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ICC approves changes to ‘DRS’ Rule

ICC approves changes to ‘DRS’ Rule

The International Cricket Council (ICC) has confirmed that a significant change to ‘DRS’ will be there, which will come into effect on October 1 and will see the “umpire’s call” zone on leg before wicket calls increased to the entire width of the stumps. Currently for a call to be overturned the ball has to be judged to be hitting at least the centre of the off and leg stumps, but from October 1 that will be changed to the outside of off and leg stumps.

An ICC release said: “The size of the zone inside which half the ball needs to hit for a Not Out decision to be reversed to Out will increase, changing to a zone bordered by the outside of off and leg stumps, and the bottom of the bails (formerly the centre of off and leg stumps, and the bottom of the bails).”

Former Sri Lanka captain Mahela Jayawardene, who sits on the ICC cricket committee, had recently said that a recommendation had been made to reduce the margin of umpire’s call on the DRS. Jayawardene had said the proposal was to reduce the margin from 50% of the ball hitting the stumps to 25%. However, the ICC release stated that “half the ball” would still need to hit the stumps.

In a decision concerning calling of no-balls, the ICC will arrange a trial in the coming months to assess if the third umpire could use instant replays to call no-balls more accurately. The trial is likely to take place during an upcoming ODI series and the third umpire will judge no-balls within a few seconds of the ball being delivered and communicate it to the on-field umpire.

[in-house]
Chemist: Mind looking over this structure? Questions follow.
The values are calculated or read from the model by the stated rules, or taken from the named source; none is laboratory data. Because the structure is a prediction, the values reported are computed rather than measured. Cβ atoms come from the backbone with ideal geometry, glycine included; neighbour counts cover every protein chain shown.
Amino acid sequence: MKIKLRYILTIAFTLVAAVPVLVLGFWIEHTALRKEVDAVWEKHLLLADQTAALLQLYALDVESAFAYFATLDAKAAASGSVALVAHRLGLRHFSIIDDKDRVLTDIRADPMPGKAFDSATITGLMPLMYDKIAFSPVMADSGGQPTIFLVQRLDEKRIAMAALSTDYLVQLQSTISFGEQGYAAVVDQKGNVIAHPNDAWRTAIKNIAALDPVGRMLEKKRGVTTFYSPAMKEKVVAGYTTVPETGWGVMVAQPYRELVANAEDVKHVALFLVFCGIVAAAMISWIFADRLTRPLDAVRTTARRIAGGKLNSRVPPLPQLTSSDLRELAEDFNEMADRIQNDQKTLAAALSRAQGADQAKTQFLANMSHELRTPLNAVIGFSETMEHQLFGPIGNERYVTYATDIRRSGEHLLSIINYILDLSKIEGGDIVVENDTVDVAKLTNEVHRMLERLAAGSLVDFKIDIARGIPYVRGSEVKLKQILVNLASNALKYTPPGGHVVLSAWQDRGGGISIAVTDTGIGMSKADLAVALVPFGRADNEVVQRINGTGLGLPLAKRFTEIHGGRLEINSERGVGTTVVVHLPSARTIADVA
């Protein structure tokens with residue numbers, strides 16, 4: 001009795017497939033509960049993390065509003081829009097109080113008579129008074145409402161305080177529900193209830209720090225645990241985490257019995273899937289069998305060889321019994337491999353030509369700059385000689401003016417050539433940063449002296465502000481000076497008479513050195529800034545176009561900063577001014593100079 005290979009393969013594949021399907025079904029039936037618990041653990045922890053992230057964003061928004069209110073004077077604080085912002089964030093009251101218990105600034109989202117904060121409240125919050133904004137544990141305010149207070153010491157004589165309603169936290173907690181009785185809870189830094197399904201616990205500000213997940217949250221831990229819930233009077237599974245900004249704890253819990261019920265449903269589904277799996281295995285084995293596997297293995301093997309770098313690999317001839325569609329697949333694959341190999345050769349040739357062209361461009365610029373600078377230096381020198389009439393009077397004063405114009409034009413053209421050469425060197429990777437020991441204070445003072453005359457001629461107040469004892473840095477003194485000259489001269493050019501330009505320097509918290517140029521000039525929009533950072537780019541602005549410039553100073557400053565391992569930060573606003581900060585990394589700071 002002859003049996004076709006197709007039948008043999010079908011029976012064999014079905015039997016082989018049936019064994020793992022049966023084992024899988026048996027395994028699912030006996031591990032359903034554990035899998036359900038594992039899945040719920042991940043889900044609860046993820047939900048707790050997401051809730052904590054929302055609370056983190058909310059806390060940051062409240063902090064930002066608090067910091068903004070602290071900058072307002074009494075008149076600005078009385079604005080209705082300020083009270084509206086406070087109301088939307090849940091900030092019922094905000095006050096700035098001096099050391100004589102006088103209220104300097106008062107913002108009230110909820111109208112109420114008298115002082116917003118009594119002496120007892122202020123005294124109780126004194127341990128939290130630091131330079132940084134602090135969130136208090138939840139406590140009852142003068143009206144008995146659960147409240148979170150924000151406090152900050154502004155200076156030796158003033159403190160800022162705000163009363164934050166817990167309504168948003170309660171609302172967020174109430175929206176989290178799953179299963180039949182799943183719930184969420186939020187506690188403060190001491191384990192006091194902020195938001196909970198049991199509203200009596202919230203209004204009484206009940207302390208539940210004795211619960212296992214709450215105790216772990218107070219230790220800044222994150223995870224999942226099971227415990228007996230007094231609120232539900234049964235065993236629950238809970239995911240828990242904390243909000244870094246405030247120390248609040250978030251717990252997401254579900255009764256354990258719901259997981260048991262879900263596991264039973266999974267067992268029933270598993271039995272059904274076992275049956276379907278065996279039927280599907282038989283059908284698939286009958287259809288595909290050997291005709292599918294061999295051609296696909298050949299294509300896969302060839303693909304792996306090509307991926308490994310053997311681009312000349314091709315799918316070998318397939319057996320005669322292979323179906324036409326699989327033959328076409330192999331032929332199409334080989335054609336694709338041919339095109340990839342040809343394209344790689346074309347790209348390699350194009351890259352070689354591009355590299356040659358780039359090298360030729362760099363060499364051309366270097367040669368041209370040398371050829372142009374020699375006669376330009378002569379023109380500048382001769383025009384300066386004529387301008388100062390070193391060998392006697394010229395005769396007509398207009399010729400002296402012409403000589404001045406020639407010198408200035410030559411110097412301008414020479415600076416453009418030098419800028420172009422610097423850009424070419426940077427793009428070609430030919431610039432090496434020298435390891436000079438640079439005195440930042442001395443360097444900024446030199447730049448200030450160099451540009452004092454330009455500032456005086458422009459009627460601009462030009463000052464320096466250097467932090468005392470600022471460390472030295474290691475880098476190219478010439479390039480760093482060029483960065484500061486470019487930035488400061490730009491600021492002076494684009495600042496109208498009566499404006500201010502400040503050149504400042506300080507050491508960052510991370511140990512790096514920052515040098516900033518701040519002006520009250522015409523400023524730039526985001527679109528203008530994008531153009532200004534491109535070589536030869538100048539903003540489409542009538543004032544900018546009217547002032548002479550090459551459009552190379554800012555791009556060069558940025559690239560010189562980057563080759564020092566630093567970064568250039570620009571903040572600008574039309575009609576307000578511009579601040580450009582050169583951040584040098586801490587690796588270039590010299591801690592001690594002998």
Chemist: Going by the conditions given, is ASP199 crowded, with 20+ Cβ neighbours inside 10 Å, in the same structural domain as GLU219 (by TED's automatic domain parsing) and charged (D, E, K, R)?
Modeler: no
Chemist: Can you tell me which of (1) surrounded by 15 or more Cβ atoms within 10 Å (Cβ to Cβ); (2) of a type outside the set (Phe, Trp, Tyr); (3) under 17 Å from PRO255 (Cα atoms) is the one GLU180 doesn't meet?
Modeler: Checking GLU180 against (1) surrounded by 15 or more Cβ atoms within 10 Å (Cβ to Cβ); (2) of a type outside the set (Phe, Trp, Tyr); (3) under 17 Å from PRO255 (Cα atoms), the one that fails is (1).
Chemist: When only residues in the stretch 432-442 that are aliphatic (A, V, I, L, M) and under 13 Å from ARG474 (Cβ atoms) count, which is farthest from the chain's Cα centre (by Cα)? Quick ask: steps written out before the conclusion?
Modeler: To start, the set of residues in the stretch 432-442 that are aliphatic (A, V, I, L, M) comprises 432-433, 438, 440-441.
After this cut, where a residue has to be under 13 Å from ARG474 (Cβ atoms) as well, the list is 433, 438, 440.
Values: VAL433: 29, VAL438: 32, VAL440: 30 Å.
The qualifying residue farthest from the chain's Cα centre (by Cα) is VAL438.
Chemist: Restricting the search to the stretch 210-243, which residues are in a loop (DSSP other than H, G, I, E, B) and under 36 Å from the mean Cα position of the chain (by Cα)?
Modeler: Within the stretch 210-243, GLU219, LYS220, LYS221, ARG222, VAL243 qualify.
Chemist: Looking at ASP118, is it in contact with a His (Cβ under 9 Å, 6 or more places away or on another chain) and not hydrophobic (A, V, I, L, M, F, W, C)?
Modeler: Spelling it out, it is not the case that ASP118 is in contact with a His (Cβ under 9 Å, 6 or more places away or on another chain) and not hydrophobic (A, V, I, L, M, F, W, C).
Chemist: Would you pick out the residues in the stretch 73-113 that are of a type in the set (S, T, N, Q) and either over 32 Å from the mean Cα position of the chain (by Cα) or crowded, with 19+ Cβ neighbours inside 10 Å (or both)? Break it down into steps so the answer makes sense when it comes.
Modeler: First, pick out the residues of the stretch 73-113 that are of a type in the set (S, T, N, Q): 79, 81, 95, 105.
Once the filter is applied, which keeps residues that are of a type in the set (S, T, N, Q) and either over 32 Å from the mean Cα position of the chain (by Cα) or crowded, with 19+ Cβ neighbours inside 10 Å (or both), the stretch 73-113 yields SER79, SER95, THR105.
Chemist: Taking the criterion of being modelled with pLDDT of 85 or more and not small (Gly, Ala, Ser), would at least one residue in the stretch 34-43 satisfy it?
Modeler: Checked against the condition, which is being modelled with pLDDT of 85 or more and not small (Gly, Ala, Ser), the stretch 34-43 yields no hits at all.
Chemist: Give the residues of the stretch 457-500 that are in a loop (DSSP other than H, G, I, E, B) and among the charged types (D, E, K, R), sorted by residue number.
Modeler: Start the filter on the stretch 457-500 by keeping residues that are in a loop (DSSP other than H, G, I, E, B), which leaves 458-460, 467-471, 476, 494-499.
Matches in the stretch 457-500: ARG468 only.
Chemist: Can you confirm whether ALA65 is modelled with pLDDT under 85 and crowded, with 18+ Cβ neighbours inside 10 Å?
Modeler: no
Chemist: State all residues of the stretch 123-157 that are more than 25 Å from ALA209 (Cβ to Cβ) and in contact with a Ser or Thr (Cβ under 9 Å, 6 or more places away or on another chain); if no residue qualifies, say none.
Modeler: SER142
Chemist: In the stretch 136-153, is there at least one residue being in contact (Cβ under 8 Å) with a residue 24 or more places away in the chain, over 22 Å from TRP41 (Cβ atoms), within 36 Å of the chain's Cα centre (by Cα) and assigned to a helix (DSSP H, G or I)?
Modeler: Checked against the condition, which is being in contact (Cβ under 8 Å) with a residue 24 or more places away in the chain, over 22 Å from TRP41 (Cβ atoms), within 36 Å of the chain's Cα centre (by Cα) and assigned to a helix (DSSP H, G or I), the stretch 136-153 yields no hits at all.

The ICC also reiterated its position that the wearing of helmets in international cricket should not be mandatory, but that if a player decides to wear a batting helmet, then it must comply with the new British Standard.

Chief executive David Richardson, who has been confirmed in his role until 2019, said: “The discretion of wearing a helmet continues to rest with the player, but if a player decides to wear a helmet then it has to be one which complies with the British Standard specifications.

“This is part of ICC’s duty of care to prevent a player from picking up a serious injury as a result of a mis-perception that the helmet being worn is safe.”

The ICC also agreed to support the inclusion of a women’s cricket event in the 2022 Commonwealth Games in Durban, following a presentation by the Commonwealth Games Federation. The ICC will submit an application for the same. “The ICC will now work closely with the Commonwealth Games Federation in order to ensure cricket’s inclusion on the program and to determine the specific tournament structure and qualification process that will be applied,” the ICC release said.

About restructuring in the ICC, the release said “significant and positive progress” had been made to oversee a “complete” review of the 2014 structural and constitutional changes. A draft of a new constitution will be prepared in the coming weeks that will be considered by the ICC Board during its October meetings.

“We have undertaken the responsibility of reviewing the 2014 resolutions and constitutional changes in their entirety as we are committed to following best practice principles of good governance to build, improve and enhance the image and reputation of the ICC by putting in place systems and processes which are fair, transparent and merit-based,” ICC chairman Shashank Manohar said. “I am pleased with the work that has been done to date and during this set of meetings and we are looking forward to presenting the amended constitution to the Board for its consideration at the next meeting.”

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